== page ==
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Possible Causes - Listed in order from the most common to the least.

1

What Is Osteoarthritis?

Osteoarthritis (OA) occurs when this cartilage (which provides a cushion for bones) wears away. It can occur in any joint in the body, but most commonly affects the knees, hips, spine, and hands.

Read more »

2

Rheumatoid Arthritis Overview

Rheumatoid arthritis (RA) is an autoimmune disease, a disease in which the immune system mistakes the body's own cells for invaders. In RA, the immune system attacks the synovia, the membranes lining the joints.

Read more »

3

Juvenile Rheumatoid Arthritis

Juvenile rheumatoid arthritis is a form of chronic arthritis that affects children. It is a long-term autoimmune condition characterized by stiffness and swelling in the joints. Most cases of JRA are mild.

Read more »

4

Rotator Cuff Tendinitis

Rotator cuff tendinitis affects the tendons and muscles that help move the shoulder joint. Tendinitis means that these tendons are inflamed or irritated. Symptoms of this condition usually worsen over time.

Read more »

5

Gout Overview

More than 8 million Americans suffer from gout, and incidence of the disease has increased by about half in the last 20 years. Explore our gout learning center and learn more.

Read more »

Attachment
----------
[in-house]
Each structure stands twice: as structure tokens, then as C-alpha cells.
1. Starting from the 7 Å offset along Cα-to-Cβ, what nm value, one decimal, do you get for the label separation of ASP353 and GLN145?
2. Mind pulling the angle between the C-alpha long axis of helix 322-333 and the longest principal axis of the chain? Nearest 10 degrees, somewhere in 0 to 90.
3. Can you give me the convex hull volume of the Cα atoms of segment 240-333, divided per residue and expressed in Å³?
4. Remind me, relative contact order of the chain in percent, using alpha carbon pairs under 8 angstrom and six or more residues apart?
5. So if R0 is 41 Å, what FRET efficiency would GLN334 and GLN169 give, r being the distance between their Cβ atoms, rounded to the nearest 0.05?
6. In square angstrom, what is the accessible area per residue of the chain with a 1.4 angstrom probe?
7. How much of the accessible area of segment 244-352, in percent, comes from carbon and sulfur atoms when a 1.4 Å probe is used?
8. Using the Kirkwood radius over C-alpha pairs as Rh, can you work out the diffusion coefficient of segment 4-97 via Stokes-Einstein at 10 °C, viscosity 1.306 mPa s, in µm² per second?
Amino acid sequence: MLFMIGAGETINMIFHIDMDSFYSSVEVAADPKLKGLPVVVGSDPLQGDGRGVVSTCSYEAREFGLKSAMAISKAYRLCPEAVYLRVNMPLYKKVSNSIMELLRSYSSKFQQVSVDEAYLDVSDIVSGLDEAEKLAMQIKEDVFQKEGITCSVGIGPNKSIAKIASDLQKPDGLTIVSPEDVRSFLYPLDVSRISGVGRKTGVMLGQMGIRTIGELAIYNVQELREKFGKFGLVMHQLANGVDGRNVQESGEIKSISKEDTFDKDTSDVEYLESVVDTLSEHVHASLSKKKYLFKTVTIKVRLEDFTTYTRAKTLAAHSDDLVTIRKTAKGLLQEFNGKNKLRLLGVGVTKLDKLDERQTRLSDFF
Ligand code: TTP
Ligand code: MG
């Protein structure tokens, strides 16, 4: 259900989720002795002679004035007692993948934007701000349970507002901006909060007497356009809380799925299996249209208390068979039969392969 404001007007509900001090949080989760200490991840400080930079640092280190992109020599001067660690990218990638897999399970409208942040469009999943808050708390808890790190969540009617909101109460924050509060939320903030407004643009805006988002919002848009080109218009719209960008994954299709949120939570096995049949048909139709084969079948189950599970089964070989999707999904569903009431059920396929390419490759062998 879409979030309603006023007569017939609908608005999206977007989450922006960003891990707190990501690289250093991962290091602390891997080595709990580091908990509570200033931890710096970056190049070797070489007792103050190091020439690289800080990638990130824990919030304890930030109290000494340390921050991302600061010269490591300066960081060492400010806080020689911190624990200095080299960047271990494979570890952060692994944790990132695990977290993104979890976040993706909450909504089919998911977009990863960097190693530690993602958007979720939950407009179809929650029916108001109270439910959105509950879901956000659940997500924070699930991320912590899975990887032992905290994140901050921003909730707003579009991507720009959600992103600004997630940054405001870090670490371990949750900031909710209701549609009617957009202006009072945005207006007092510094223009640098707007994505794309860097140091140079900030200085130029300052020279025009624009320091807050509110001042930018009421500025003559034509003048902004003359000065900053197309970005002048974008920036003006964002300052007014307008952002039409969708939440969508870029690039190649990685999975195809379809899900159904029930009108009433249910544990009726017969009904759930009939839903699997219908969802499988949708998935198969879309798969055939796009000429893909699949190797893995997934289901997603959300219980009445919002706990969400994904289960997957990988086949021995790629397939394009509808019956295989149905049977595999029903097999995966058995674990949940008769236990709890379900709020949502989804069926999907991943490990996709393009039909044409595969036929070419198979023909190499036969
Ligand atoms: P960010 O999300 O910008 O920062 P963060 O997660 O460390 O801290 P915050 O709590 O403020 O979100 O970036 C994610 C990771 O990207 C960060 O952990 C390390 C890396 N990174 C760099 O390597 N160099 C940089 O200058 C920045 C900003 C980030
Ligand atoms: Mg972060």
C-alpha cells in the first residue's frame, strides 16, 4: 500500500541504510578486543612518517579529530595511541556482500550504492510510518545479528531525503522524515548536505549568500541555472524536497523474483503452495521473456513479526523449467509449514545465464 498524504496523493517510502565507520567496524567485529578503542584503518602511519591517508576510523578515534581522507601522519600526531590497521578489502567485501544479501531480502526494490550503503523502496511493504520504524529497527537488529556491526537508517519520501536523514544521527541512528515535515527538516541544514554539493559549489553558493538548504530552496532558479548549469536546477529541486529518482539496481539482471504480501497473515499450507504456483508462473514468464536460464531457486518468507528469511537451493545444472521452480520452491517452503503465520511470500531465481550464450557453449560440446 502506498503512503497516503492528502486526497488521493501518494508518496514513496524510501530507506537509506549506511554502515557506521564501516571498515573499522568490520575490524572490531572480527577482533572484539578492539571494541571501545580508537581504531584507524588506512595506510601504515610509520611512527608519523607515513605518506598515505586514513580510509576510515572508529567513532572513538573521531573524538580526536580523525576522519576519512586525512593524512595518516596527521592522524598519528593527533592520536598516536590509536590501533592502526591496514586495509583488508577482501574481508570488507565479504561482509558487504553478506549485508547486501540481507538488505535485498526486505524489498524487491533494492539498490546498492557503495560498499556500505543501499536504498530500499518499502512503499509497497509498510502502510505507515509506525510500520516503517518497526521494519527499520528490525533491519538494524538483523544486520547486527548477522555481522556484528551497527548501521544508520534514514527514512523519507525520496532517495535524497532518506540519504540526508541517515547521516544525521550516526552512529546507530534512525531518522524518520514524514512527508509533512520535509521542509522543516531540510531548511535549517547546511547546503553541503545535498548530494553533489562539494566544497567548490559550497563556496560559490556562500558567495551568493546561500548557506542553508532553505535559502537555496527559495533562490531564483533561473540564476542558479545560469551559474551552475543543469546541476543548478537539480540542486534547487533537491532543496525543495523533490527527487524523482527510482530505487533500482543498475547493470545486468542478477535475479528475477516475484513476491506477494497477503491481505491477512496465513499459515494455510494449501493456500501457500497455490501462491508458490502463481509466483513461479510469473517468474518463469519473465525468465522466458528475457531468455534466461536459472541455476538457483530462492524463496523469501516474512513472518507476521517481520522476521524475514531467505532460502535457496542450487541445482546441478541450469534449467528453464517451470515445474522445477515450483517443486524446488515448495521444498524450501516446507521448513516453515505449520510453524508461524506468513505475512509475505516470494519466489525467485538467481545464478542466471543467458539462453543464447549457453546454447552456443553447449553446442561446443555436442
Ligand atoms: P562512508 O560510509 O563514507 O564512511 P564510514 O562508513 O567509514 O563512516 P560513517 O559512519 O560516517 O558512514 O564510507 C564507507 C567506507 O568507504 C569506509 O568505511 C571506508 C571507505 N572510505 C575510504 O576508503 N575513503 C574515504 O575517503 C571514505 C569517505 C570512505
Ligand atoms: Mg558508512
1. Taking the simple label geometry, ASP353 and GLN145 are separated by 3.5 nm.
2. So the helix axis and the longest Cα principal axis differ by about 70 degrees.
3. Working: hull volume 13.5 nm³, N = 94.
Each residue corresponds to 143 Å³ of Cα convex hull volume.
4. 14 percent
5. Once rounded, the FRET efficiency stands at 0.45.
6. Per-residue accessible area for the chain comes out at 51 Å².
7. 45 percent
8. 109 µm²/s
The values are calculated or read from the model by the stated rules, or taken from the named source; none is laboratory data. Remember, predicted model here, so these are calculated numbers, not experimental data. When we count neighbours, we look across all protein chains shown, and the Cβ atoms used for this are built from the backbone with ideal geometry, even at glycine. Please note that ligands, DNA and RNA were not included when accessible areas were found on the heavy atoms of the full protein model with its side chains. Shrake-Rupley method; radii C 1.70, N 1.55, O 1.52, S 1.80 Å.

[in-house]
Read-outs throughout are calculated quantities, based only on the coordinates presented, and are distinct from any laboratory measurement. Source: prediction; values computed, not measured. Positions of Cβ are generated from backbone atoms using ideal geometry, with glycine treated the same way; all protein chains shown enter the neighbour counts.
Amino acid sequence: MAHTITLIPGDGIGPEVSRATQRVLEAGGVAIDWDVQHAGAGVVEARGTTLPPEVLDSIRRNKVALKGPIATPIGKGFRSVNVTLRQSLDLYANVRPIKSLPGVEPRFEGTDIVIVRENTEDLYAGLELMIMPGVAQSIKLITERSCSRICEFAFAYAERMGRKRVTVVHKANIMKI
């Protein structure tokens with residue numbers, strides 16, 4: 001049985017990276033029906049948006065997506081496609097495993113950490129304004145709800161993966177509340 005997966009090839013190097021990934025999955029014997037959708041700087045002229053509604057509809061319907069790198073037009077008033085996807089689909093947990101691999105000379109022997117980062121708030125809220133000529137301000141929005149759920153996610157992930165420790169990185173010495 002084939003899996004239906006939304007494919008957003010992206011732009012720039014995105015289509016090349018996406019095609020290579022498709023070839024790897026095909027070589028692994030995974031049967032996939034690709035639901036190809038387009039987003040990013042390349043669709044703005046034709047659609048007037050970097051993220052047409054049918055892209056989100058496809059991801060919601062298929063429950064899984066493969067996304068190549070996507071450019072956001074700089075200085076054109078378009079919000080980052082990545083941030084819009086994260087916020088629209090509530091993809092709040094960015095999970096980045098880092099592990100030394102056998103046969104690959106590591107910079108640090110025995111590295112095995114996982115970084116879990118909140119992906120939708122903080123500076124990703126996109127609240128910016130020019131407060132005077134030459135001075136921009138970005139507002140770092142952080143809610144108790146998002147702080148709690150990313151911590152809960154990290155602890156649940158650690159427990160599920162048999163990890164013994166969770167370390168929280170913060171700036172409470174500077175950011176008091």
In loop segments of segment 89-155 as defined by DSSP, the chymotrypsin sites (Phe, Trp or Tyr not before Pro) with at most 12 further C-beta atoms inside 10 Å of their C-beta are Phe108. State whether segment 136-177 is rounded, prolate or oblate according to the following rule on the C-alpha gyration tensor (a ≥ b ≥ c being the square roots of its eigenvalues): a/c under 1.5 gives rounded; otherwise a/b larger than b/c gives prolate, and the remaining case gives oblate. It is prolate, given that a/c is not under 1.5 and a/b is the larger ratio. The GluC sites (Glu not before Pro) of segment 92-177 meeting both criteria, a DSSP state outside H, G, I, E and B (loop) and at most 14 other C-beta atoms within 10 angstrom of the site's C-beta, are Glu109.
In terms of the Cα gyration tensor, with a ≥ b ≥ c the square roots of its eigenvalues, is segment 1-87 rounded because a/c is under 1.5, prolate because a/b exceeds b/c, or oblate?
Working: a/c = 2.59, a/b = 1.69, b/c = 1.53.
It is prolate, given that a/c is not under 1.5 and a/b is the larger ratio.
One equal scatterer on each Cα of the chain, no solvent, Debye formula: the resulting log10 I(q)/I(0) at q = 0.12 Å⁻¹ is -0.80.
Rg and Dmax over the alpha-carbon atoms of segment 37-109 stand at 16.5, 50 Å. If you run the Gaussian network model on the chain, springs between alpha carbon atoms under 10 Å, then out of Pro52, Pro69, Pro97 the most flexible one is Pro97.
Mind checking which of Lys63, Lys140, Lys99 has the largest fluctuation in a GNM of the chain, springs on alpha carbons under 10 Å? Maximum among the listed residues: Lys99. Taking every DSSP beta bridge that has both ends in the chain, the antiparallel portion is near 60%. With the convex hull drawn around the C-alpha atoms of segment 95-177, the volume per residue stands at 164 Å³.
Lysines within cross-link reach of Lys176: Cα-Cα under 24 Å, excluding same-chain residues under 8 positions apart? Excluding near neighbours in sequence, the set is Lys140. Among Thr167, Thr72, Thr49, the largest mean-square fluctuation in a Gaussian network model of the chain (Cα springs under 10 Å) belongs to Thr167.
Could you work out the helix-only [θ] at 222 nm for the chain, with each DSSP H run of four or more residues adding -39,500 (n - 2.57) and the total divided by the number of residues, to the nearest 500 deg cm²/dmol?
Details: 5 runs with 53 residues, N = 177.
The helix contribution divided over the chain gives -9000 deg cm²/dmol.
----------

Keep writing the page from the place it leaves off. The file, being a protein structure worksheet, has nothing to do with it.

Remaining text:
6

Fracture

This condition is considered a medical emergency. Urgent care may be required.

A fracture is a broken bone that typically occurs when a bone is impacted by more force or pressure than it can support. In an open fracture, the ends of the broken bone tear the skin.

Read more »

7

Wry Neck (Torticollis)

Wry neck (Torticollis) is a tilted and twisted neck that can be congenital or result from muscle injury, swollen lymph nodes, ear infection, or other causes.

Read more »

8

Ankylosing Spondylitis

Ankylosing spondylitis is a form of arthritis that primarily affects your spine. It causes severe inflammation of the vertebrae that might eventually lead to chronic pain and disability.

Read more »

9

Baker's (Popliteal) Cyst

A popliteal cyst, also known as a baker's cyst, is a fluid-filled swelling that causes a lump at the back of the knee.

Read more »

10

Axillary Nerve Dysfunction

Axillary nerve dysfunction (AND) or injury is also called neuropathy of the axillary nerve. It describes a loss of movement or lack of sensation in the shoulder area of the body. Stress or damage to the axillary nerve...

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This feature is for informational purposes only and should not be used to diagnose.
Please consult a healthcare professional if you have health concerns.